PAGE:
In his special statement to Parliament regarding the phone hacking scandal, David Cameron promised to "sort this problem out" with a range of measures to fight corruption and restore trust in the police, politicians and the power of the media.
But in the rush to put things right, the Prime Minister risks damaging a British institution.
Mr Cameron posed the questions: "Why should all police officers have to start at the same level? Why should not someone with a different skill set be able to join the police force in a senior rank?"
There are very good reasons why.
For one thing, senior police officers understand the people they lead. They have been constables, sergeants and inspectors, which is not only a vital qualification but means police managers are generally far better-respected than their counterparts in other careers.
They are not political appointments - they rise through the ranks by doing their jobs well (and passing exams as far as inspector level, after which promotions are decided by interview panels).
The system also makes the police uniquely meritocratic - a genuine vehicle for the talented from any walk of life to excel. This not only ensures the quality of top officers, but virtually guarantees that jobs cannot be reserved for the well-connected. If someone from the Bullingdon Club wants to be a chief constable, he must be prepared to keep the peace outside a nightclub in the pouring rain at 2am.
Senior officers make life and death decisions and they need the respect of their juniors and knowledge of working on the streets to get them right. At present, everyone from PC to Chief Constable is a "warranted officer" with certain powers and responsibilities - but under Mr Cameron's plan, we could see a new breed of Chief Inspectors and Superintendants who do not know how to make an arrest, interview a suspect or prepare a file for court.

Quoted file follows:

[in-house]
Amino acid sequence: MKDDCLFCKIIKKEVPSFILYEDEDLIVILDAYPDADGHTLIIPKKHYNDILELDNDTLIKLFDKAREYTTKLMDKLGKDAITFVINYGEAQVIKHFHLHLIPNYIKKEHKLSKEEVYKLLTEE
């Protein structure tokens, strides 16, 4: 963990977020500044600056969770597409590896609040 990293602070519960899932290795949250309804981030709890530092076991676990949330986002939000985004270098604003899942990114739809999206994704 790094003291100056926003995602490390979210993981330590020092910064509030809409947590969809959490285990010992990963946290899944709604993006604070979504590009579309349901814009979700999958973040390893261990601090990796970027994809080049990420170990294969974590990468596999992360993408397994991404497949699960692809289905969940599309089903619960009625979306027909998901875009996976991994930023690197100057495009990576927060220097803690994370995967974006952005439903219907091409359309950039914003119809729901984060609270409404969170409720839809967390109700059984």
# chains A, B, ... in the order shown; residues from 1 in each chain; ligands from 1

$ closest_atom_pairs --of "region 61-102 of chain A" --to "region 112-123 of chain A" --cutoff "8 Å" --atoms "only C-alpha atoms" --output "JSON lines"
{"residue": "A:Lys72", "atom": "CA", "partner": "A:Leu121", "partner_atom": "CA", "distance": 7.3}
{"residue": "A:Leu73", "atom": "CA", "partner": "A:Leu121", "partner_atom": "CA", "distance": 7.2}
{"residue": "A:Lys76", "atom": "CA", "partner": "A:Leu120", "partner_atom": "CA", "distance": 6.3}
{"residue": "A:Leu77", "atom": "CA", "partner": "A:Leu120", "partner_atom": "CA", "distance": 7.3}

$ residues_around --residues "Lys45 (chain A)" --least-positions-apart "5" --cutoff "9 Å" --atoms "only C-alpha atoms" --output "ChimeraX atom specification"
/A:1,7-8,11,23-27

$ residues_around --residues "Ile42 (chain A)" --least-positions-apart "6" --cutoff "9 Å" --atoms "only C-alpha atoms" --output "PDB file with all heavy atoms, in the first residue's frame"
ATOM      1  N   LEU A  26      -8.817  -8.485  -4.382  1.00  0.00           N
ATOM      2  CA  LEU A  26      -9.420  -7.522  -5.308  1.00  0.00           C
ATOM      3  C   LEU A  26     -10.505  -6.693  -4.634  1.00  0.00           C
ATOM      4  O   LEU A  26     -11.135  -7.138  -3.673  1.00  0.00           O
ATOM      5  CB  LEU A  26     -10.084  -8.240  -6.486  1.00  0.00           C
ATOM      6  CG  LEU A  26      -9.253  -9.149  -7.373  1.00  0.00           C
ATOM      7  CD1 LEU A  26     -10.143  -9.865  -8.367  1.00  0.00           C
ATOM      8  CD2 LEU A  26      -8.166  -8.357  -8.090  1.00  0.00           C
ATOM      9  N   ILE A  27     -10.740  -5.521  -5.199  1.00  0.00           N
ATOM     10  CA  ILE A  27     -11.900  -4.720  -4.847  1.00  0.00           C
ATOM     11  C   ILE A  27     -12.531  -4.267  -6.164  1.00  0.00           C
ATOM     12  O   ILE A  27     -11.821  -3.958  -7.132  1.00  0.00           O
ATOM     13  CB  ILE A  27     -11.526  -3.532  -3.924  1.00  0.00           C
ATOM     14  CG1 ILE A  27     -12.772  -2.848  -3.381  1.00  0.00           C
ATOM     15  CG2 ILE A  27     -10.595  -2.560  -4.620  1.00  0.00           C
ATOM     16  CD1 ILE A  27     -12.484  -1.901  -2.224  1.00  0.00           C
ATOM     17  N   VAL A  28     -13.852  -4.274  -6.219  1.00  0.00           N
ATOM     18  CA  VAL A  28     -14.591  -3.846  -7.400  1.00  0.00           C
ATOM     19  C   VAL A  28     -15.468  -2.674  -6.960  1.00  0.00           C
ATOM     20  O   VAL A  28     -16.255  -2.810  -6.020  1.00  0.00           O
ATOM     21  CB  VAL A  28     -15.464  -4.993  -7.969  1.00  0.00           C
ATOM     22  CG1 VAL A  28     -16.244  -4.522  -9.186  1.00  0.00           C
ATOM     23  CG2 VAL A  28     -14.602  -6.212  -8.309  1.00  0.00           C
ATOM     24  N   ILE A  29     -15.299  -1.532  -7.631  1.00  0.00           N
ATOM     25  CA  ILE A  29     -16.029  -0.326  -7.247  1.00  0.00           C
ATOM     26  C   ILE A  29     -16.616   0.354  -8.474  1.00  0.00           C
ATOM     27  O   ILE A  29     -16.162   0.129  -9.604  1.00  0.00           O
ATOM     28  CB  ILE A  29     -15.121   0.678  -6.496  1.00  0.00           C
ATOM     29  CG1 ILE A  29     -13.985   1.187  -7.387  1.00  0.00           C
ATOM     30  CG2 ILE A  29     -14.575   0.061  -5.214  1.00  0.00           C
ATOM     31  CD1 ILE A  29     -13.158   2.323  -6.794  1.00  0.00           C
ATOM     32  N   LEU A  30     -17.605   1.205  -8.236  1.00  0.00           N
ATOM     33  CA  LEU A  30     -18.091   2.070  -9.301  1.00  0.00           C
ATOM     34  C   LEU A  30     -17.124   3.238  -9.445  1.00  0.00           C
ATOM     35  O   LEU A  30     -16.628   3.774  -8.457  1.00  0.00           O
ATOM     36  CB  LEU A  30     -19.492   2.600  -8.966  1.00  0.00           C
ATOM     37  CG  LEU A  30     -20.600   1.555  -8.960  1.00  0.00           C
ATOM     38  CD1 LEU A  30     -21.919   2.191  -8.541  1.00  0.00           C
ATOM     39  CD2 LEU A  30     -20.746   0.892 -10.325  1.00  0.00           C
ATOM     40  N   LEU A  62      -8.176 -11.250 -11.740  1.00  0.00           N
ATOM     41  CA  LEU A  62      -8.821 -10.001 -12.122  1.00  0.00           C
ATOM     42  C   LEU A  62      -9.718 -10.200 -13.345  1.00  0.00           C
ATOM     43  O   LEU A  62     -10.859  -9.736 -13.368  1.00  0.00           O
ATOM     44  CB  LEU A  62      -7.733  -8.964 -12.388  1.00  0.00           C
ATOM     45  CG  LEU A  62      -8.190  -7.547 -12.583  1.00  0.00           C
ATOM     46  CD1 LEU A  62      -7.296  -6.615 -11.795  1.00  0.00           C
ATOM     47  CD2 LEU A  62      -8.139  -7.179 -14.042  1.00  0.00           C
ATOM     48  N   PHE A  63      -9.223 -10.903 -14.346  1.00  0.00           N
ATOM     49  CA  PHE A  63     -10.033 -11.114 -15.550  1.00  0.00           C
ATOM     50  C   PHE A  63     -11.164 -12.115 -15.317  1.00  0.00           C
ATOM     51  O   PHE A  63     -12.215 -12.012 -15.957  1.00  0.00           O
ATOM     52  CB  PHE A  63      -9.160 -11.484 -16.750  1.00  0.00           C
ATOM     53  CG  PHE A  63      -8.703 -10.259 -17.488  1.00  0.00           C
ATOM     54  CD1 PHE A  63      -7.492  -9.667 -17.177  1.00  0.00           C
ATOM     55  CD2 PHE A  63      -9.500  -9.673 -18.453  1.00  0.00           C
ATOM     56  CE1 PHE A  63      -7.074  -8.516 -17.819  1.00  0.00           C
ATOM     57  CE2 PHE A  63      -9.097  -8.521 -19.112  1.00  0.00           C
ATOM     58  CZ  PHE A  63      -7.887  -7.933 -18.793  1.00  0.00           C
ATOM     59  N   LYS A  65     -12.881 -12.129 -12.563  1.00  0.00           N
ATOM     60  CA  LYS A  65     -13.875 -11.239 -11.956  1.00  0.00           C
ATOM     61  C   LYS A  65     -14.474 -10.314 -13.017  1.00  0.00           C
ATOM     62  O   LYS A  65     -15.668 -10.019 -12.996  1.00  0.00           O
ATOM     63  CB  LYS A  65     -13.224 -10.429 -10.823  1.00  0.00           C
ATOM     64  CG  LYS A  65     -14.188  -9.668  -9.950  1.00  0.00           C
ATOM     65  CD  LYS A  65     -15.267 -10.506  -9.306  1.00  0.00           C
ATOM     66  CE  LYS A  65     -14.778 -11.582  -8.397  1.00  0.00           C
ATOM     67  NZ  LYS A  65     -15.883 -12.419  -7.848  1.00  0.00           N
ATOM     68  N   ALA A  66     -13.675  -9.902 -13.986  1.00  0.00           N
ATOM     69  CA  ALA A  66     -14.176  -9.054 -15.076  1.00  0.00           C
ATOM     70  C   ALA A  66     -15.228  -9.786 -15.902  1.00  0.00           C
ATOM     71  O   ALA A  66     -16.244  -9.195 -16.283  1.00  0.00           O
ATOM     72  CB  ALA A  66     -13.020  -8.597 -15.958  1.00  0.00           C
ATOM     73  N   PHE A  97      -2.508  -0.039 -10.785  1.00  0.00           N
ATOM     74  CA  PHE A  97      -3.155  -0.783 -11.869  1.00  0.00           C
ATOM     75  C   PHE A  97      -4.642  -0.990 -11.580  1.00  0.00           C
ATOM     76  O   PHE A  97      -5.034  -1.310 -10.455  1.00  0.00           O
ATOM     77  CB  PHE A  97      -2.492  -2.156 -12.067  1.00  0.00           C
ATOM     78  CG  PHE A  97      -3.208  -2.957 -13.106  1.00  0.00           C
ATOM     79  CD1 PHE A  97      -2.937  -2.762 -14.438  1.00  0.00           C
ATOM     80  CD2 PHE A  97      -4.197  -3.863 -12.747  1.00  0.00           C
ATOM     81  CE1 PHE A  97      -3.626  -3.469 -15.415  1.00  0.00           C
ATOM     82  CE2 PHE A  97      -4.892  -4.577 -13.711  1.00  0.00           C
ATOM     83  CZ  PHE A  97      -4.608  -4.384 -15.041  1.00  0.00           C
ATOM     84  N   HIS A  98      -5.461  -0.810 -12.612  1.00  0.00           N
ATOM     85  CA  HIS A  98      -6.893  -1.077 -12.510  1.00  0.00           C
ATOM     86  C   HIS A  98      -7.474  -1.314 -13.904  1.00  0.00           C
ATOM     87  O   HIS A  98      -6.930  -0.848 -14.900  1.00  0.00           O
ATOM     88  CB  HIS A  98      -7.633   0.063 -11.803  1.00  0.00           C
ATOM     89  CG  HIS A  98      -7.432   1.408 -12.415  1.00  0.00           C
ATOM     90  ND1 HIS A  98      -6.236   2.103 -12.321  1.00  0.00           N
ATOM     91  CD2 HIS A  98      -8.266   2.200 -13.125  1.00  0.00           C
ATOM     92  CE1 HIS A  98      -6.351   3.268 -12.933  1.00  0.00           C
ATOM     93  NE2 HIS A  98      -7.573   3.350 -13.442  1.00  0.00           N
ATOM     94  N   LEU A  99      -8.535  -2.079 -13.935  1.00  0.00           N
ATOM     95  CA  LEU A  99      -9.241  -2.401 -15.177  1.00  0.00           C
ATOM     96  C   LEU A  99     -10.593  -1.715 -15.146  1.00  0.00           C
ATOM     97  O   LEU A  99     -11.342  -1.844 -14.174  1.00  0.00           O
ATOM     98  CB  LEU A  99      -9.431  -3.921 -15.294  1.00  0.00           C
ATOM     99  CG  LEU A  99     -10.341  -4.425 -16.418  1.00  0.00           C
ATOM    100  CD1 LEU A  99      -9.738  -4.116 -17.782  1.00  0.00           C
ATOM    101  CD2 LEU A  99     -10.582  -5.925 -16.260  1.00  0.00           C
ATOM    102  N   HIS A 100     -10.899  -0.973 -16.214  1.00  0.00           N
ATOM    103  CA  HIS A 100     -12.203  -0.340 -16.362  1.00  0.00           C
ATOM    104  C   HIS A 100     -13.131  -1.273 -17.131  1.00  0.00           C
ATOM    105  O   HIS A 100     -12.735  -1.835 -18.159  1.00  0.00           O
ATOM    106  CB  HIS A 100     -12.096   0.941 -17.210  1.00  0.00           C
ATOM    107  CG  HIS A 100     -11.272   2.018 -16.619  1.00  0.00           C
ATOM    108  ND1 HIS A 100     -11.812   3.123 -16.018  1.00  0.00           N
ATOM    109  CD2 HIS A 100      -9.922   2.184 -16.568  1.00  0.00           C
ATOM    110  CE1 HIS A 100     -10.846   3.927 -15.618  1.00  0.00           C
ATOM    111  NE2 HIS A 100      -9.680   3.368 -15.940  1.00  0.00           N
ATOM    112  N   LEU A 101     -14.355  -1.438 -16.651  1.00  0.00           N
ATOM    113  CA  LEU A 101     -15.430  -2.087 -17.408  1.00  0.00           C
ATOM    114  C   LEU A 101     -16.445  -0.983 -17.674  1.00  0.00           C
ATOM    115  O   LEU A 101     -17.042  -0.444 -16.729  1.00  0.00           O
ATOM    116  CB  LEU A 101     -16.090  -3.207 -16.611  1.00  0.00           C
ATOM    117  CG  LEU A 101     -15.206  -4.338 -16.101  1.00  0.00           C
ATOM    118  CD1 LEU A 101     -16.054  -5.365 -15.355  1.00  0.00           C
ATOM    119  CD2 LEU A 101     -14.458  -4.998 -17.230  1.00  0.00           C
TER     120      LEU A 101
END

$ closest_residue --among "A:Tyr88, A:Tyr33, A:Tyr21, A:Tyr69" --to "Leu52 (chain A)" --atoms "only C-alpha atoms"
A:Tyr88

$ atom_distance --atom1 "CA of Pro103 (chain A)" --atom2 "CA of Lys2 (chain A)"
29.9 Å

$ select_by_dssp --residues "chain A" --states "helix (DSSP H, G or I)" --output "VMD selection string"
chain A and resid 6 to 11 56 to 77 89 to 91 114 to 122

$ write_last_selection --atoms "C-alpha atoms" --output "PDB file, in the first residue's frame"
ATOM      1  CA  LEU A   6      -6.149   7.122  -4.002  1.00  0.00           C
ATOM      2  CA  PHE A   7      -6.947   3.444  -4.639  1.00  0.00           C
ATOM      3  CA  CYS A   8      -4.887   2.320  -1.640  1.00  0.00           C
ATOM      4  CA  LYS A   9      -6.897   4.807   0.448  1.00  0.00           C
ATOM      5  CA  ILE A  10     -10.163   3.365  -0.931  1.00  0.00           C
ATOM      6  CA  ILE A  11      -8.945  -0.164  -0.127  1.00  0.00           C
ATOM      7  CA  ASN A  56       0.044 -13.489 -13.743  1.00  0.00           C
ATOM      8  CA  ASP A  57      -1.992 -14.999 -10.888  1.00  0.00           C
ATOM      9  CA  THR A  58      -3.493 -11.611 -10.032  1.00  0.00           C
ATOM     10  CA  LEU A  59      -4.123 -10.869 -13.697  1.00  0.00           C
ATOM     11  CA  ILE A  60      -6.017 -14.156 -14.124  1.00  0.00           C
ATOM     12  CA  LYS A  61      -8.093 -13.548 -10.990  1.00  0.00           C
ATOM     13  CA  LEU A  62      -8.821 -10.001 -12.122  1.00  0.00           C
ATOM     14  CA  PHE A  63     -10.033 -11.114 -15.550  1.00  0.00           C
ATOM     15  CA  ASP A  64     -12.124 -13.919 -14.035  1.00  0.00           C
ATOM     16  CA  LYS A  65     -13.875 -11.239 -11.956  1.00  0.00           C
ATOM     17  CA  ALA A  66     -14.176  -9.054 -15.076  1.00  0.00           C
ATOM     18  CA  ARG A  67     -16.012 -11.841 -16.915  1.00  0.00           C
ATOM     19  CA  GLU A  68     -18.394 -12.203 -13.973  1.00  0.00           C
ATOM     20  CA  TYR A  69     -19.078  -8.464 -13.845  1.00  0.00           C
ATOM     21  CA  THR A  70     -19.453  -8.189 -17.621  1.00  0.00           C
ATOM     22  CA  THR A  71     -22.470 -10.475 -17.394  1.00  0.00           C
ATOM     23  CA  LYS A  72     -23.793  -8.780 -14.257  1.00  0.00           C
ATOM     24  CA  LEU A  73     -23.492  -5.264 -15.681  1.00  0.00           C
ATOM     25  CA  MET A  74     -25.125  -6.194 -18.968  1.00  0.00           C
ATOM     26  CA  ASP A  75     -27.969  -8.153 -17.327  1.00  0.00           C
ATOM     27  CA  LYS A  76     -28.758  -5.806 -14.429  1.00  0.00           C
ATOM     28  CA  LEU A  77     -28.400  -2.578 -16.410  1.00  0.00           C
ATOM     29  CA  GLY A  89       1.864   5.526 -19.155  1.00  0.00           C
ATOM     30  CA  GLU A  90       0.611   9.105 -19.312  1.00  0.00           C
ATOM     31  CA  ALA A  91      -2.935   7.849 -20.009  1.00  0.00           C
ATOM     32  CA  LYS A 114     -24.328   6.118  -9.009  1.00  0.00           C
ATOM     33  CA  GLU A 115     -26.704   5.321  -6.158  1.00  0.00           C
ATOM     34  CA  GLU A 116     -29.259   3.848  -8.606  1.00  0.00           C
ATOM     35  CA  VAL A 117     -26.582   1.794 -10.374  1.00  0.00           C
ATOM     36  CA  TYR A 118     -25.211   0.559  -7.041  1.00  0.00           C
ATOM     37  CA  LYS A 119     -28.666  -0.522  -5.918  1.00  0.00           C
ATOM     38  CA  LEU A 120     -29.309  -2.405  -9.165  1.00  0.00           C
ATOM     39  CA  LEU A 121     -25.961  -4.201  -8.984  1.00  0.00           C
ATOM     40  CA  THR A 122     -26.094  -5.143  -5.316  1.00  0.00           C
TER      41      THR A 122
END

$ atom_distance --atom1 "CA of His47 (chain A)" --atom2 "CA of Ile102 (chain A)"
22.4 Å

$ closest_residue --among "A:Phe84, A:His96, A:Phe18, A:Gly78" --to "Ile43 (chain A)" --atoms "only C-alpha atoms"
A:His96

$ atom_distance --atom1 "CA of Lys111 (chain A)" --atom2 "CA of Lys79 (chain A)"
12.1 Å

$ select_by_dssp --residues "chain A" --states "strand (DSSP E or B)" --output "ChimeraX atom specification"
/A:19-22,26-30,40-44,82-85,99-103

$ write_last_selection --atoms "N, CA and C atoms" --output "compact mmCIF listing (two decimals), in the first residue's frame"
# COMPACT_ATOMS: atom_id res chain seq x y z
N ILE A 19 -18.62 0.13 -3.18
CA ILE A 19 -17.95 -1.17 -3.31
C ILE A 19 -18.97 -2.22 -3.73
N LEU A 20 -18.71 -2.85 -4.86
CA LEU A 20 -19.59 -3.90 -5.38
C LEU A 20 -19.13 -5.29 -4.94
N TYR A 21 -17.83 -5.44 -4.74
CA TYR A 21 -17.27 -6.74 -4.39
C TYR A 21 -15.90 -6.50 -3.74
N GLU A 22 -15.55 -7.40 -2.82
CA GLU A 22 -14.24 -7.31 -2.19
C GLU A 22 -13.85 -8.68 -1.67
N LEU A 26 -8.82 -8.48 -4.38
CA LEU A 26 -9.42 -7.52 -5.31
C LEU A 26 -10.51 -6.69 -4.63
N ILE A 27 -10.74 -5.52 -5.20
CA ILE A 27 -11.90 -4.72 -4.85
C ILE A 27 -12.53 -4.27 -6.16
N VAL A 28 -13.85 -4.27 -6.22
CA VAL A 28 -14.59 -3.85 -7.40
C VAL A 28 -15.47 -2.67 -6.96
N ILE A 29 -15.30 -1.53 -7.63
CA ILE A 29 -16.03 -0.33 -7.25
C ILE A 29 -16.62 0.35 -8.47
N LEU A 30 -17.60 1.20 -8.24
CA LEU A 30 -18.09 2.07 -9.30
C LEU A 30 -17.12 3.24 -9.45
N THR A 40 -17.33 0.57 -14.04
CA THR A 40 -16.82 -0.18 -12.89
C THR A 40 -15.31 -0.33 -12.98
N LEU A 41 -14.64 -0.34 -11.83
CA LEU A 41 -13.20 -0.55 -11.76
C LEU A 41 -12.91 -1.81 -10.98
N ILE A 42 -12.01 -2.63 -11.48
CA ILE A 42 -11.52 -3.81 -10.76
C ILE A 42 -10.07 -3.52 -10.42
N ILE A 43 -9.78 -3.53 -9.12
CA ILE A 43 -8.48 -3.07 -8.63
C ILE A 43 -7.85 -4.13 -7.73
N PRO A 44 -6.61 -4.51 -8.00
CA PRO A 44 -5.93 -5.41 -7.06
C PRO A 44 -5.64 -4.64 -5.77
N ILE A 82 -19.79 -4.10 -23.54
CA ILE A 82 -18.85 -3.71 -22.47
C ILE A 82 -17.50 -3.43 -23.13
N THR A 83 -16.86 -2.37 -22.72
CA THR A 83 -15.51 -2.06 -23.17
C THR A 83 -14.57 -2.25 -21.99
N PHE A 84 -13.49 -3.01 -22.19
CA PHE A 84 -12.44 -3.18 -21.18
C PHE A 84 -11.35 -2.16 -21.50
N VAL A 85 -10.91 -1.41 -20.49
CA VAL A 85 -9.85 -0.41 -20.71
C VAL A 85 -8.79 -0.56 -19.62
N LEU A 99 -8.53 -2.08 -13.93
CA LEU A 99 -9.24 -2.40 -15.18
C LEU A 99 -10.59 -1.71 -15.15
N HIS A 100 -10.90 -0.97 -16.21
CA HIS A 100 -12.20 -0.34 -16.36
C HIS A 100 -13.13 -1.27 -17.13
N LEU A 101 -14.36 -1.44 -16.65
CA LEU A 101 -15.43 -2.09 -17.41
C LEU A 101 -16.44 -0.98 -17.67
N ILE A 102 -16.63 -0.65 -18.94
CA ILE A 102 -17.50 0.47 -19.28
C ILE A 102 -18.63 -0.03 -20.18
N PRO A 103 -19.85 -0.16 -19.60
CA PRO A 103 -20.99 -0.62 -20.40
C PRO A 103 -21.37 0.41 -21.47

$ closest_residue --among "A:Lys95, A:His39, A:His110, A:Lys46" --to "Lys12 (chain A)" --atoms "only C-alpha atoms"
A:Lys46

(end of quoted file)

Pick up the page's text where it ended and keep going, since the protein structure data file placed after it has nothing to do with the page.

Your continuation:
Though some argue forcing people to start as PCs discourages exceptional candidates, the smart and determined can climb the ladder quite rapidly - and our constabularies can do without those who are not prepared to touch the bottom rung.
Recent revelations about police corruption have been shocking, but one piece of evidence does not prove a case. Our police forces are rigorously scrutinised and their level of independence from politicians and politics is thankfully high. Letting people join at senior level would erode this and introduce more politics and nepotism.
A wide-ranging review of police pay and conditions started last year and will no doubt be affected by the frenzy over phone hacking. No-one will dispute Mr Cameron's call for "greater transparency and stronger corporate governance" in the police, but taking control from officers who know the beat and giving it to professional managers is not the way to do it.
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